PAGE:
Of course, Buzz might have just noticed all the traffic the right-leaning Atlantic writer Conor Friedersdorf’s “Why I Refuse to Vote for Barack Obama” blog post was getting and decided to get himself a piece of the action. Conor claims in the piece, which has 189,000 Facebook likes at the moment, that Obama’s drone strikes and involvement in Libya constitute a “deal-breaker” and that because of that, Conor is voting for Libertarian Party candidate Gary Johnson if he votes at all. This principled and serious and complex stand was of course debated all over the internet. Will Wilkinson wrote a post for the Economist about how voting for Johnson would be a lousy idea even though Obama’s drone war is terrible. And Robert Wright and Conor got into a discussion about thought experiments, utilitarian philosophy, and differing theories of voting. As you’d expect from a couple of dudes at the Atlantic, their debate was very serious and substantive and measured—unlike Buzz, they didn’t need to tell you that they had considered the issues—but it hinged upon the idea that their votes, like Buzz’s, mattered.
Thing is, they don’t. Robert Wright acknowledged as much in his post, saying, “I don't live in a swing state, and, anyway, when was the last time a swing state's electoral votes were decided by a single vote?” and none of the people mentioned in this post live in a swing state either—well, except maybe for the pro-Romney Clueless woman, Stacey Dash; I’m not sure where she lives. The way the system is set up, the presidential election is not a national race, it’s a series of 50 state races (plus Washington, DC, if you care). Thanks to polling, we already know how most of those races will turn out, and so do the campaigns, which is why Obama and Romney are both hanging out in Ohio all the time. If you live in that state, or Florida, or Virginia, or Wisconsin, maybe your vote and your neighbors’ votes will count. The rest of us can do all the thought experiments we want and study the issues assiduously until we’re hallucinating from lack of sleep and our vote isn’t going to be any more meaningful.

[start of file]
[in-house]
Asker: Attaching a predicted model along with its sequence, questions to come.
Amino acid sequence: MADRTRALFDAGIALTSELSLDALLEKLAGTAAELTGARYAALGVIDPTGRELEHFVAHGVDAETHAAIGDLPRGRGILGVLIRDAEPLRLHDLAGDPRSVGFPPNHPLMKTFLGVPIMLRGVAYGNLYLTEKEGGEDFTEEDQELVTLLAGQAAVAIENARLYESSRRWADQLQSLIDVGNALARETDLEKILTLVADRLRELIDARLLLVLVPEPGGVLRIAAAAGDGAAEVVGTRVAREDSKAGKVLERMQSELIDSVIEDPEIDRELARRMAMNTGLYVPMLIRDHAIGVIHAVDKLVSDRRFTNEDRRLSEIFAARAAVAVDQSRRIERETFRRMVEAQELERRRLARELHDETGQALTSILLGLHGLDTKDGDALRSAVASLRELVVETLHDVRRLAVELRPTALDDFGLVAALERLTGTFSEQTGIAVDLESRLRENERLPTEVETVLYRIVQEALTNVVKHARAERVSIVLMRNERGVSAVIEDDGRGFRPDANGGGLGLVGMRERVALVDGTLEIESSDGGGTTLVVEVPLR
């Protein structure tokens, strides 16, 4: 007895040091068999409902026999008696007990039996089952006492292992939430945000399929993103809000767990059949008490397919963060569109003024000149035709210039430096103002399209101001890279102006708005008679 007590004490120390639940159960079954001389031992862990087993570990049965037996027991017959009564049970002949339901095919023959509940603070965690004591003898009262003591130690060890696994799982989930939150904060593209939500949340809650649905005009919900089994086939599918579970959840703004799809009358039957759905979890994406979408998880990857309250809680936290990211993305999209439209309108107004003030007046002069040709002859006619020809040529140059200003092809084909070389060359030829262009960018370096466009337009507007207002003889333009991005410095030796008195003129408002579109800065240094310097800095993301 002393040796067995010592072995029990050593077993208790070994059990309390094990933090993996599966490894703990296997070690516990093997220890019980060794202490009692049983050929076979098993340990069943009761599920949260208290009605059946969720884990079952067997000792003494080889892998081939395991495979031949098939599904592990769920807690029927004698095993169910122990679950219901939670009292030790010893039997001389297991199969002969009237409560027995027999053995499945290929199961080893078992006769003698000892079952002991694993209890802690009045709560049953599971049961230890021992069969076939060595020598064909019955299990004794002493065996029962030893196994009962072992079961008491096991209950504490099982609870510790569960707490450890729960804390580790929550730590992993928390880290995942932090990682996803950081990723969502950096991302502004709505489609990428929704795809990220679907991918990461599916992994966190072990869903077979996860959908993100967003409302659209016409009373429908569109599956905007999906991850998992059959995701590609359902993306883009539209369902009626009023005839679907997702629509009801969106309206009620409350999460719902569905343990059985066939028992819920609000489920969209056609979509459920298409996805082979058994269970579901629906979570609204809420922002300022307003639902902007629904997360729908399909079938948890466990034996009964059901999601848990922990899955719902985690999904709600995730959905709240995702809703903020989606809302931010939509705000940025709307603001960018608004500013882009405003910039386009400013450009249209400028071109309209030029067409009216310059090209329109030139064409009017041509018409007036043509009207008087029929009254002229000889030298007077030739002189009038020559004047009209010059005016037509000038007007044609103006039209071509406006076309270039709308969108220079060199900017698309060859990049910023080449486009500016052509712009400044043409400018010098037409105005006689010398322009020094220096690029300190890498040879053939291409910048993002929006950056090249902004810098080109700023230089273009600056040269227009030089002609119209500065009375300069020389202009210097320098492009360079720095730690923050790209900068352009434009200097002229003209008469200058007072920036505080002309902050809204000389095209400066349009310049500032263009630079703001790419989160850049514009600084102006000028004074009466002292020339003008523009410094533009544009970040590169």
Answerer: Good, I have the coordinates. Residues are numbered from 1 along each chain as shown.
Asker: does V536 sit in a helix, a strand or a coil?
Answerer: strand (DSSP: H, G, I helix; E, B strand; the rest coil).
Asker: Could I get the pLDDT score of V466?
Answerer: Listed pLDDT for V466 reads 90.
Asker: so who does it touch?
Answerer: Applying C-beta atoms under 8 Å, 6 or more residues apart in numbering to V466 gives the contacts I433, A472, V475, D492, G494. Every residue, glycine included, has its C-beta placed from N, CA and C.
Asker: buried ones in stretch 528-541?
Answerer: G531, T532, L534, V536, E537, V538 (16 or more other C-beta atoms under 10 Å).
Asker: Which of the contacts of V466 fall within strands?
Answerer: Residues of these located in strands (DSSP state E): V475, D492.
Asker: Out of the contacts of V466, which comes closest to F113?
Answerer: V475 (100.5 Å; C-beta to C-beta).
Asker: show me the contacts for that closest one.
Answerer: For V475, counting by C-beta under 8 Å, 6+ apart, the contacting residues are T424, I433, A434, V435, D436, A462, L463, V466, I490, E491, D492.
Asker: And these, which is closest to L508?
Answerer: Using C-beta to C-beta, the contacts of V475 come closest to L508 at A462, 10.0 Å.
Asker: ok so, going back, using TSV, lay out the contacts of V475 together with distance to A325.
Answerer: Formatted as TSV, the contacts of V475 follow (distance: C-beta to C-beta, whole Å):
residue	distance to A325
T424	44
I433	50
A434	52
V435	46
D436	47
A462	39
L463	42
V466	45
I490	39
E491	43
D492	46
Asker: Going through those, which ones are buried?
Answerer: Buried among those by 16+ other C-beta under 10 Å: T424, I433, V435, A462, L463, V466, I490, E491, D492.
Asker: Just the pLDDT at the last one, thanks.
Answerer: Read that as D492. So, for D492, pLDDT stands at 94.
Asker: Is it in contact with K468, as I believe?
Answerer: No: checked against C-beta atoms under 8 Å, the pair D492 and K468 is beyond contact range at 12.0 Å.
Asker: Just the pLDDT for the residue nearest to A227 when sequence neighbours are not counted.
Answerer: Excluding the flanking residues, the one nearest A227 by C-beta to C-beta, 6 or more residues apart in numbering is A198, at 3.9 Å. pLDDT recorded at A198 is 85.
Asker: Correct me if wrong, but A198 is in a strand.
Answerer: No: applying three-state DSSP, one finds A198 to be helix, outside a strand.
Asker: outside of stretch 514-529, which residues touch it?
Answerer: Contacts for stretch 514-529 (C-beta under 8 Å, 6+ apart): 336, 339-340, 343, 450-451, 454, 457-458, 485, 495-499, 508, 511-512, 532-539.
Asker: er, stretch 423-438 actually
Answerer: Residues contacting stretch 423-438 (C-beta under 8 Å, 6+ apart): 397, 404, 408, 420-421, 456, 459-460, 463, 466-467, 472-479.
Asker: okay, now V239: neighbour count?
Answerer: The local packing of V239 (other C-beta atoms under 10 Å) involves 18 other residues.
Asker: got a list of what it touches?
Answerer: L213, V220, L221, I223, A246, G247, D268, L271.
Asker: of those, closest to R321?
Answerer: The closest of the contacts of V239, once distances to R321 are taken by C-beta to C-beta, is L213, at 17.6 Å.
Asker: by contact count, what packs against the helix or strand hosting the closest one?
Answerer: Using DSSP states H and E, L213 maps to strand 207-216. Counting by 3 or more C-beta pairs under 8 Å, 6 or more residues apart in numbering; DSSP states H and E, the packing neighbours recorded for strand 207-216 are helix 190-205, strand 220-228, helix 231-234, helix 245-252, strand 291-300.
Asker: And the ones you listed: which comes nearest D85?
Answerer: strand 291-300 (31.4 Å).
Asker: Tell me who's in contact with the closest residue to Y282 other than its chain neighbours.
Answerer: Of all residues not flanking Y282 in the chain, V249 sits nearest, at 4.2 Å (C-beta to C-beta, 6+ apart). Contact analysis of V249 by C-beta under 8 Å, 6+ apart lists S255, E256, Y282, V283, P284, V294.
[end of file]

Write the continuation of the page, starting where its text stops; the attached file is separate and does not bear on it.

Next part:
I announced who I was voting for a couple weeks ago (like Conor, I’m probably voting for Johnson), and since then some people have asked me, more or less, “Won’t you feel terrible if Romney wins because you didn’t support Obama?” The honest answer is yes, of course I would, but that’s not going to happen. I live in New York and New York will cast it’s electoral votes for Obama—I might as well cast my meaningless vote for the candidate that makes me feel OK about myself. I’m not voting for Johnson because of some complex moral calculus or because I think my vote will help to advance the future libertarian cause, I’ll be voting for him because, selfishly, that way I’ll feel more principled. Plus I’ll be able to continue to criticize Obama guilt-free since I didn’t help put him in office.
Luckily, there are contests where your vote counts a little bit more. State and local elections have a huge effect on your day-to-day life—most of the battles over abortions and gay rights are fought at the state level, for instance—and you have a far better chance of influencing them than you do the hopelessly large presidential race. Sure, local issues lend themselves less to chin-scratchingly serious think pieces and so you’ll hear less about them from Buzz, but that's probably a good thing. Along with picking the next president, next month voters will decide whether marijuana can be grown in Oregon and whether California’s vicious and expensive “three strikes” law will be struck down, and a hundred other things. Those things will make a difference in people’s lives, while your vote for president—no matter how much you write about it—won’t change anything at all.